Oxygen

Discussion in 'Anesthesiology' started by Newtwo, Oct 1, 2017.

  1. Newtwo

    Joined:
    Jun 10, 2015
    Messages:
    294
    Likes Received:
    143
    Looking at cost reduction in my new place. We have about 60 ORs across 3 sites each with an anesthetic machine.

    The default flow rate is 100% o2 at 10lpm. I don't know how many times I've walked into an empty or with the machine running at 10litres

    So I'm looking at getting the default set to air at 0.5 litres. We did the same at my last place and saved a lot of cash over a year without any incidents.

    Problem is how do I get some proof about how much we are wasting here. I was thinking about just randomly walking around during the day and checking, or maybe I could send out a survey to staff to ask them how many times per week and for long the see oxygen being used up while not connected to a patient...

    Any better ideas about how I can get proof of this waste on paper?

    Also anyone know the cost of o2 per litre from the VIE?
     
  2. Thread continues after this sponsor message. SDN Members do not see this ad.

  3. Ronin786

    Ronin786 ASA Member

    Joined:
    Mar 27, 2011
    Messages:
    1,137
    Likes Received:
    468
    Status:
    Resident [Any Field]
    Why do you need any data to prove that 0.5 liter is less wasteful than 10L?
     
  4. teeva

    Joined:
    May 21, 2015
    Messages:
    181
    Likes Received:
    154
    Status:
    Attending Physician
    Send out a memo. Tell your dumb colleagues or CRNAs to use minimal fresh flows and to shut off the flow prior to leaving the room. Or train the clean up crew to turn off the flows. All our machines beep like crazy when there’s gas flow and apnea or no CO2.
     
    AdmiralChz likes this.
  5. AdmiralChz

    AdmiralChz ASA Member

    Joined:
    Sep 8, 2008
    Messages:
    2,424
    Likes Received:
    1,574
    Status:
    Fellow [Any Field]
    It’ll be institution dependent. Ask up the supply chain and maybe you’ll get an answer.

    But this is a no brainer, as others have said. Turn off your flows when you’re out of the room and there’s really no need to run 10L O2 the entire case - induction and emergence is fine, definitely not during maintenance.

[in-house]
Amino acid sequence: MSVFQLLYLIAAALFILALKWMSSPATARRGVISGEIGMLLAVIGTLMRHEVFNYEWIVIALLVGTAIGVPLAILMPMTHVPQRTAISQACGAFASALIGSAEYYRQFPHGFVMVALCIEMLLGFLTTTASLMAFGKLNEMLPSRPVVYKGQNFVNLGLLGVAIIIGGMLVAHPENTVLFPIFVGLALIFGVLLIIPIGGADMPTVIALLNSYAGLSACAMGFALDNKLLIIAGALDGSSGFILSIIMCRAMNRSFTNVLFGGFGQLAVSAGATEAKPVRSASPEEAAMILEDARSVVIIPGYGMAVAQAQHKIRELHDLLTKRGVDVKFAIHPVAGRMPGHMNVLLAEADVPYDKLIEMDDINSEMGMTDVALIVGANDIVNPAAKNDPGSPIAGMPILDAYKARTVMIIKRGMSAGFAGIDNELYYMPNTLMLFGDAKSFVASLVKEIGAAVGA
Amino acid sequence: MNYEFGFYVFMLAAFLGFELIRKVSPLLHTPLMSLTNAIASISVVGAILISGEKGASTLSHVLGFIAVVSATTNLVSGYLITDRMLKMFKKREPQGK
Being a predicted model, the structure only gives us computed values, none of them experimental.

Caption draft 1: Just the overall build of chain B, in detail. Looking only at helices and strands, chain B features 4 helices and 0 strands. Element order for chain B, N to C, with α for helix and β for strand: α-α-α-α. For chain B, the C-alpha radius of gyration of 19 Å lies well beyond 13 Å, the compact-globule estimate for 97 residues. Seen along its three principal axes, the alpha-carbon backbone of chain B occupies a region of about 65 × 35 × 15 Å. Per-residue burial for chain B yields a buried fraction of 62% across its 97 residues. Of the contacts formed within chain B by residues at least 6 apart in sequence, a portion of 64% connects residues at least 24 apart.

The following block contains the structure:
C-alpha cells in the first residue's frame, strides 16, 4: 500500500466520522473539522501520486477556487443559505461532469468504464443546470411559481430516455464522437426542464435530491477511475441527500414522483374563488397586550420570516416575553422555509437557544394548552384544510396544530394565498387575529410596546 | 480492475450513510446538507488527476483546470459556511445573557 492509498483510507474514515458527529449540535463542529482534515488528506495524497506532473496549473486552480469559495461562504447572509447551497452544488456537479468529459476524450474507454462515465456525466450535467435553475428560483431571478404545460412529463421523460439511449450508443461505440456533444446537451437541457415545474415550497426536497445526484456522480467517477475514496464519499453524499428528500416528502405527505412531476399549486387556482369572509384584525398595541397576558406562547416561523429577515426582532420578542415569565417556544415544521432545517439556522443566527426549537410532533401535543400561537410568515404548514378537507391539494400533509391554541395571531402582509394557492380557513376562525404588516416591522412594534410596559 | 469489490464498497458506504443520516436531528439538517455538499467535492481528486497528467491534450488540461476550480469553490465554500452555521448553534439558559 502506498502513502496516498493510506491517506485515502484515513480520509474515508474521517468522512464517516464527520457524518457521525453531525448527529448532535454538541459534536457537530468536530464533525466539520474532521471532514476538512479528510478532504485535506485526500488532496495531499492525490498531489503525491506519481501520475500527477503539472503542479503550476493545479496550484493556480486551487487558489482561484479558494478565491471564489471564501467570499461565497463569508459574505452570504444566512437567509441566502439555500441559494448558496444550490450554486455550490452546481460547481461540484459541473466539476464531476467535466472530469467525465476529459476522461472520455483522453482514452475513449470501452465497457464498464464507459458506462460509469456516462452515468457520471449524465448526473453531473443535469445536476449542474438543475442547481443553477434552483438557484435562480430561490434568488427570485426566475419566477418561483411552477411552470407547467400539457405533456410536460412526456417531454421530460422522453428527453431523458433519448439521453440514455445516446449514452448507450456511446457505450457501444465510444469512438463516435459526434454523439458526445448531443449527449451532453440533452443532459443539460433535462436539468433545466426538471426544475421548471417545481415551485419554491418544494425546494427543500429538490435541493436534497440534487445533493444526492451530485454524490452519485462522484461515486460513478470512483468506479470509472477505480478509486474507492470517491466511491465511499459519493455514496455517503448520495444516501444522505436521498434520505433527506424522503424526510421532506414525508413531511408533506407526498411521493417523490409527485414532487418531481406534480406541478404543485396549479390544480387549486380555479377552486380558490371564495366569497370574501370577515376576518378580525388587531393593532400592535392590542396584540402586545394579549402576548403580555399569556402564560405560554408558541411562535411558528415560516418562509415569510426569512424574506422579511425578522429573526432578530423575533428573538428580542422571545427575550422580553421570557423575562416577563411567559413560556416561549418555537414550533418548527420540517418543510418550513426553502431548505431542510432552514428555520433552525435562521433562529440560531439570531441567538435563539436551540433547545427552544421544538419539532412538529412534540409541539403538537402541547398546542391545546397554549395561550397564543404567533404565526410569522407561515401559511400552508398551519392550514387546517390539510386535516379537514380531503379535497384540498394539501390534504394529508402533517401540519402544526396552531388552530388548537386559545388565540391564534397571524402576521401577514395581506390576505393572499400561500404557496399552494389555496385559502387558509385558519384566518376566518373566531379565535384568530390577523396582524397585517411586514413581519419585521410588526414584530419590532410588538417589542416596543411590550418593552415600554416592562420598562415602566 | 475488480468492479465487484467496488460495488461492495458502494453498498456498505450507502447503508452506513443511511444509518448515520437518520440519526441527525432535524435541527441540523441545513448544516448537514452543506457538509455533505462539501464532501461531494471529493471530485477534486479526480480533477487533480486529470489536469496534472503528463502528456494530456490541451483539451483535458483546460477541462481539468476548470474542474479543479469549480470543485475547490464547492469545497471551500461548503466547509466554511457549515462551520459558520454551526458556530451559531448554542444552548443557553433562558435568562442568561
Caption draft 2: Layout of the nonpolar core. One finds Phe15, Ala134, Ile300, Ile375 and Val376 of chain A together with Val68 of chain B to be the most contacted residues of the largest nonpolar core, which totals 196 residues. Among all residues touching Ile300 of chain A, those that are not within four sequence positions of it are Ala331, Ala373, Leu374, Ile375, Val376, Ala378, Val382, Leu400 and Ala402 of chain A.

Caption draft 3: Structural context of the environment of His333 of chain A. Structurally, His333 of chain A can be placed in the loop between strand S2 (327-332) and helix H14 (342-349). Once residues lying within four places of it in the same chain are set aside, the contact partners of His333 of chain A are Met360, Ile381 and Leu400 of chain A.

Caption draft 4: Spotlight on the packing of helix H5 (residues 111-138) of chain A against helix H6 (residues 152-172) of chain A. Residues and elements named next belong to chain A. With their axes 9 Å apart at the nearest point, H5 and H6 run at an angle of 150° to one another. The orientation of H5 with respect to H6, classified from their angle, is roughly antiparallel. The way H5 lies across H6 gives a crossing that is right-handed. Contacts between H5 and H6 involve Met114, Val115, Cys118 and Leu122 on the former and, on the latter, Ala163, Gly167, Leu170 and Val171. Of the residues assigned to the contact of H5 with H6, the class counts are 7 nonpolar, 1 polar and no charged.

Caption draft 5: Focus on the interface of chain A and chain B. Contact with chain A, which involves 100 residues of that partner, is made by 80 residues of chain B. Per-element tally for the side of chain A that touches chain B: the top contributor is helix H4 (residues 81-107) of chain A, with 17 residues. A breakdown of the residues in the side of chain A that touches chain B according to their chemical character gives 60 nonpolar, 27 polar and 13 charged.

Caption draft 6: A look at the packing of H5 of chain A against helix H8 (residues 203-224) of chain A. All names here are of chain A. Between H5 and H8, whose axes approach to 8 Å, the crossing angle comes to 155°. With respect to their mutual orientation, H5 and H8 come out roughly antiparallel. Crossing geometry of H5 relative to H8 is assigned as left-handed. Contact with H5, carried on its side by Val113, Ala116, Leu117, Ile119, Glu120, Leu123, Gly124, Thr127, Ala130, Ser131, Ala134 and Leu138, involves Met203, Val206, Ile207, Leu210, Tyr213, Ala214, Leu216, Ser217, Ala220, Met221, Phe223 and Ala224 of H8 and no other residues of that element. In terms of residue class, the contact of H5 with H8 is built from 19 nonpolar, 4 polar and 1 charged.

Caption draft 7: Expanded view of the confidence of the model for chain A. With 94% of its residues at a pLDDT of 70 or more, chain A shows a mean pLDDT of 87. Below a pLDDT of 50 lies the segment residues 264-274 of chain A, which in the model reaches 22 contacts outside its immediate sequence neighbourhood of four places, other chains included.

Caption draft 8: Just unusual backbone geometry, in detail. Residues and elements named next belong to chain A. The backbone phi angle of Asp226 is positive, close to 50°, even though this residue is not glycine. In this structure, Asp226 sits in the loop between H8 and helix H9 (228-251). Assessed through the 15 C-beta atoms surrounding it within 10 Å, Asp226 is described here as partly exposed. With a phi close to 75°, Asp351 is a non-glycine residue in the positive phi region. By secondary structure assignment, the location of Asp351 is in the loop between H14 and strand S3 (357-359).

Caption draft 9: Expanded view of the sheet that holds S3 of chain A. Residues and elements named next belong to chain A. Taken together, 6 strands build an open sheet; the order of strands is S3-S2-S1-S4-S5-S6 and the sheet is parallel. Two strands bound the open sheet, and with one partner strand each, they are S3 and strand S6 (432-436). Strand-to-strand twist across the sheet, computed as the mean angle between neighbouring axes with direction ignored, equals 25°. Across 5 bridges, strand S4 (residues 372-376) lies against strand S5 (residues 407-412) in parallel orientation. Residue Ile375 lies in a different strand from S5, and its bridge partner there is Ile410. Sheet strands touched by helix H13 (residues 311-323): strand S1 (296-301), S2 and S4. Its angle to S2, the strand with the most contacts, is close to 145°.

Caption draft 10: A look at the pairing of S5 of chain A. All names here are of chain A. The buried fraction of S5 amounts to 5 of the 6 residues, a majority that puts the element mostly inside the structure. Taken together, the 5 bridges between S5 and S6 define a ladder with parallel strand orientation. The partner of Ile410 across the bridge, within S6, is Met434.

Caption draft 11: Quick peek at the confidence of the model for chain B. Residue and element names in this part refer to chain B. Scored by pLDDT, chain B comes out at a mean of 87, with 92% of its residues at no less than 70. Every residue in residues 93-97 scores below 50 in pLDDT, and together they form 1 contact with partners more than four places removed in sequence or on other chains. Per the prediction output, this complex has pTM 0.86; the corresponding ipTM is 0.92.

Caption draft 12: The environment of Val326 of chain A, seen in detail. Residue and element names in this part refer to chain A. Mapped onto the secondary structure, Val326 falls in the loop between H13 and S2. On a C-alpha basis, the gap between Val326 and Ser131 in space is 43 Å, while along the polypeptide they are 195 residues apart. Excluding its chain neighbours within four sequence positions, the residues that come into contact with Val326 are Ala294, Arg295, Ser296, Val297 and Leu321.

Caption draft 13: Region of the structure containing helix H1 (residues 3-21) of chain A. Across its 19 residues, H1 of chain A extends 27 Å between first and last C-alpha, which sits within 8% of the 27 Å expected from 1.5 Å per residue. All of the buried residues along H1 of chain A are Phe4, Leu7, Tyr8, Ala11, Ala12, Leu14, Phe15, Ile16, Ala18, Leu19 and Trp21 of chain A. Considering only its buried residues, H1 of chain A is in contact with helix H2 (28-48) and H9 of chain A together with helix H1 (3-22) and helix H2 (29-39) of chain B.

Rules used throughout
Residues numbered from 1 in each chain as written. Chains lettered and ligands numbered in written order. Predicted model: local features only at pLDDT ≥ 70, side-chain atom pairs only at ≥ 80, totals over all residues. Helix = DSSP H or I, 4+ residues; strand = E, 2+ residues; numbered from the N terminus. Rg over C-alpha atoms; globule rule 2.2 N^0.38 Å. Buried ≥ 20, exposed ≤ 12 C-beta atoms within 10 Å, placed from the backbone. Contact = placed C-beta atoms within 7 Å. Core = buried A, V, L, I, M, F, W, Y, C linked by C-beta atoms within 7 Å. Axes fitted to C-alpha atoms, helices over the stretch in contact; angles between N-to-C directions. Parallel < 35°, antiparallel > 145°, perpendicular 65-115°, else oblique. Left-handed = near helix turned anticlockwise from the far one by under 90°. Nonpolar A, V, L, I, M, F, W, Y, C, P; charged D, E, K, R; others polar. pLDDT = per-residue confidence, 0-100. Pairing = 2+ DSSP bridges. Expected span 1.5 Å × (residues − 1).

6. nimbus

    nimbus Member

    Joined:
    Jan 13, 2006
    Messages:
    2,445
    Likes Received:
    1,707
    It reduces fire risk too if you turn off the oxygen.
     
  7. Gern Blansten

    Gern Blansten Account on Hold

    Joined:
    Jun 20, 2006
    Messages:
    2,145
    Likes Received:
    291
    Status:
    Attending Physician
    My hospital did a study and found that, universally, the last drug given to a patient prior to their death was oxygen. Therefore, the suits upstairs demanded that we eliminate or, at the very least, get special permission before using such a dangerous substance as oxygen.
     
    abolt18, dhb, NeuroSpeed and 2 others like this.
  8. Newtwo

    Joined:
    Jun 10, 2015
    Messages:
    294
    Likes Received:
    143
    I understand what you guys mean about educating ppl. We try and fail.

    What I am talking about is changing the default on every machine start up process to 0.5 litres.

    To do this I might need to show the staff some metric about how much o2 is wasted

    That's why I'm trying to guage this somehow
     
  9. pgg

    pgg Laugh at me, will they?
    Moderator Physician Faculty

    Joined:
    Dec 14, 2005
    Messages:
    11,245
    Likes Received:
    5,863
    Status:
    Attending Physician
    I can't tell you how much O2 is wasted at your hospital. You'd have to look and estimate it. :)

    But why 0.5 LPM of air and not 0.5 LPM of oxygen?

    I've never asked but I don't believe "air" is any less expensive than oxygen. The equipment and infrastructure to "make" it isn't cheap. Dehumidified, particulate filtered, carbon filtered air processed by medical grade oil-less compressors, tested for CO and other gaseous contaminants ... vs a big tanker truck of LOX unloading at the hospital.
     

Share This Page